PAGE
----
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Boise Mosaic Artist Creates Happy Distraction for St. Luke’s Kids
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Boise Mosaic Artist Creates Happy Distraction for St. Luke’s Kids
By Chereen Langrill, News and Community
April 28, 2015
Mural by the numbers: Twelve panels in the mural; 90,000 individual pieces of glass; 800 pounds is the mural’s total weight; 3,000 hours to create the mural; seven months needed to create the individual pieces of glass used for mosaic pieces.
Richard Herdegen fuses fire with glass to create mosaic pieces that fuel the imagination. He created a colorful 12-piece mosaic mural unveiled Tuesday, April 28, 2015 at St. Luke’s Children’s Specialty Center, and he hopes it will capture the imagination of hospital patients and visitors.
While a mural made from glass may seem fragile and potentially dangerous, the reality is the opposite. When glass interacts with fire, it becomes a powerful force. It can withstand tremendous pressure without breaking. Richard discovered how tough it really was when he tried to dismantle one of the first panels in order to make some changes. It took nine attempts with a framing hammer to break apart the pieces.
Like the mural itself, Richard has the ability to remain strong under pressure. He spent 3,000 hours over the course of 1 ½ years to complete what he describes as the largest project he has ever done.
It was a labor of love fueled by his passion for mosaic art and the realization that his time could be limited. Richard, 63, has Parkinson’s disease. His symptoms will eventually accelerate to the point that it will be too challenging to do the craft he loves so much.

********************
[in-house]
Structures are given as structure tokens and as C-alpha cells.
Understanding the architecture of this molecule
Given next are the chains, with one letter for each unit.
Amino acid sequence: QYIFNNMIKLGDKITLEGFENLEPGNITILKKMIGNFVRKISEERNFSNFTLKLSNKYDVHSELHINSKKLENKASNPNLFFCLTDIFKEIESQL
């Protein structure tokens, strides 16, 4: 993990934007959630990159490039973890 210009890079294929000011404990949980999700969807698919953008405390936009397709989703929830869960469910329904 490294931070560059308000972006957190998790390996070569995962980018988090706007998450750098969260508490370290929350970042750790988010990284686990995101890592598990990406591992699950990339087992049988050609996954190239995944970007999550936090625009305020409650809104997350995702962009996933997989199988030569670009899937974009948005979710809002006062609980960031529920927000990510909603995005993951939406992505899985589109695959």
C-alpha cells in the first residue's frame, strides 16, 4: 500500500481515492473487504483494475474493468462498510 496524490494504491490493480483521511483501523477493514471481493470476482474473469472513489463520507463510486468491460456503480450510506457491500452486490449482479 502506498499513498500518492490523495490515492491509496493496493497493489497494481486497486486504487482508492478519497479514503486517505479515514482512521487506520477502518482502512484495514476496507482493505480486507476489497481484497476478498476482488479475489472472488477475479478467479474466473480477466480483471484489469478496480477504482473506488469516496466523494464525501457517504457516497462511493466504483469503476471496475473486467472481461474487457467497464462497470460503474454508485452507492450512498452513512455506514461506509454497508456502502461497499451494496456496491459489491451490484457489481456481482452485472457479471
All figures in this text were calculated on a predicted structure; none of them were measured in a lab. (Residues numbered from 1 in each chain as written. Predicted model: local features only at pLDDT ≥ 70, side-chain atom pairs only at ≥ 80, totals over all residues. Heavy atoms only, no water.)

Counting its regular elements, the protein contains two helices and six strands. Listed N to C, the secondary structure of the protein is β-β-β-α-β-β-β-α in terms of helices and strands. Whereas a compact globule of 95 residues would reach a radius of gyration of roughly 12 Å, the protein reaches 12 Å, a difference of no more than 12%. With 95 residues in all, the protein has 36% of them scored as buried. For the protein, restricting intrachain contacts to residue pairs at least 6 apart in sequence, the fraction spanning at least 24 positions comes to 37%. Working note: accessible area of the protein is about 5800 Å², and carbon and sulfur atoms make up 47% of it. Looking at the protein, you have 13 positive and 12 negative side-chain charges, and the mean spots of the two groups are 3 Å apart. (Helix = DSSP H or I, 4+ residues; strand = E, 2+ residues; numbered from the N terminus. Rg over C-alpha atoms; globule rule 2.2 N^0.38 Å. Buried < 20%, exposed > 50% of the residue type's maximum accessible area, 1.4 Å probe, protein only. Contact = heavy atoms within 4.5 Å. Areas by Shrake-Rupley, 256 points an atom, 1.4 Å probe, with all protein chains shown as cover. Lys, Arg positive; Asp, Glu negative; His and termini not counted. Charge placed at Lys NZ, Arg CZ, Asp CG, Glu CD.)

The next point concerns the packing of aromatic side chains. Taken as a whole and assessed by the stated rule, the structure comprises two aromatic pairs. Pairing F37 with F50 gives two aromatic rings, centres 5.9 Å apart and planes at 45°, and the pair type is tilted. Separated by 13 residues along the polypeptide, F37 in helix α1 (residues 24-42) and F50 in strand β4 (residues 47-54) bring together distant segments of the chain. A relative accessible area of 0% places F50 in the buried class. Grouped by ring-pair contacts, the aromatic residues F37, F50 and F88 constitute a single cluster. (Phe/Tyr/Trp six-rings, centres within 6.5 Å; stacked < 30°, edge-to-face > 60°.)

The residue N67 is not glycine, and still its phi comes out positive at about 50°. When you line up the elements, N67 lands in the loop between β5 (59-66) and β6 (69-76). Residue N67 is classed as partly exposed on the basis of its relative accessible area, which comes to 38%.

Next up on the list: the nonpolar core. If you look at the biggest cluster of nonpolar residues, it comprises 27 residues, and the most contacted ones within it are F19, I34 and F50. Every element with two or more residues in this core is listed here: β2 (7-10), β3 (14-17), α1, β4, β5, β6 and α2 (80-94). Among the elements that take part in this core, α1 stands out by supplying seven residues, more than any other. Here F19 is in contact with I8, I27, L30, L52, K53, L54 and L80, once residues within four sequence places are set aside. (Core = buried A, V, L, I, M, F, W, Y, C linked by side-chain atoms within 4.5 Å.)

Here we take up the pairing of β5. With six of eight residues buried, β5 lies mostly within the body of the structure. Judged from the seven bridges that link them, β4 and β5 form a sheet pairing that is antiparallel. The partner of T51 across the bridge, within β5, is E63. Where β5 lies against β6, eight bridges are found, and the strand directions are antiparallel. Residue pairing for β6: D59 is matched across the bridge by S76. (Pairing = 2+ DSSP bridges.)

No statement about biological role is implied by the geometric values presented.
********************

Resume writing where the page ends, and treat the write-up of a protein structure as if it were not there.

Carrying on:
“I’m hoping for a slow progression,” he said. “That’s what all people with Parkinson’s hope for.”
Happenstance led to Richard’s diagnosis in January 2011. He was a kidney donor for a friend a few months earlier, and he became concerned when his recovery took longer than expected (fatigue causes Parkinson’s symptoms to become more exaggerated).
As a marathon runner and a frequent participant in the grueling Race for Robie Creek Half-Marathon, Richard has always embraced challenges. He took a matter-of-fact approach when faced with the Parkinson’s diagnosis, digging deeper into his art in order to churn out as much work as possible while his body would still allow him to perform the intricate tasks involved in mosaic work.
He often works with children on art projects. That interaction lead to an opportunity to develop a mural for Children’s. Richard embraced the idea because of the potential it had to provide an outlet for happiness.
“I wanted to create a fun diversion for kids who are in the hospital,” he said. “I wanted to give them 10 happy minutes.”
Tiny bits of glass come together to tell stories on the mural’s 12 panels. But the stories are mere outlines. The development of the plotline is up to each viewer. The mural includes images showing kids and frogs playing near a pond, colorful hot air balloons drifting across the sky, and a July Fourth celebration.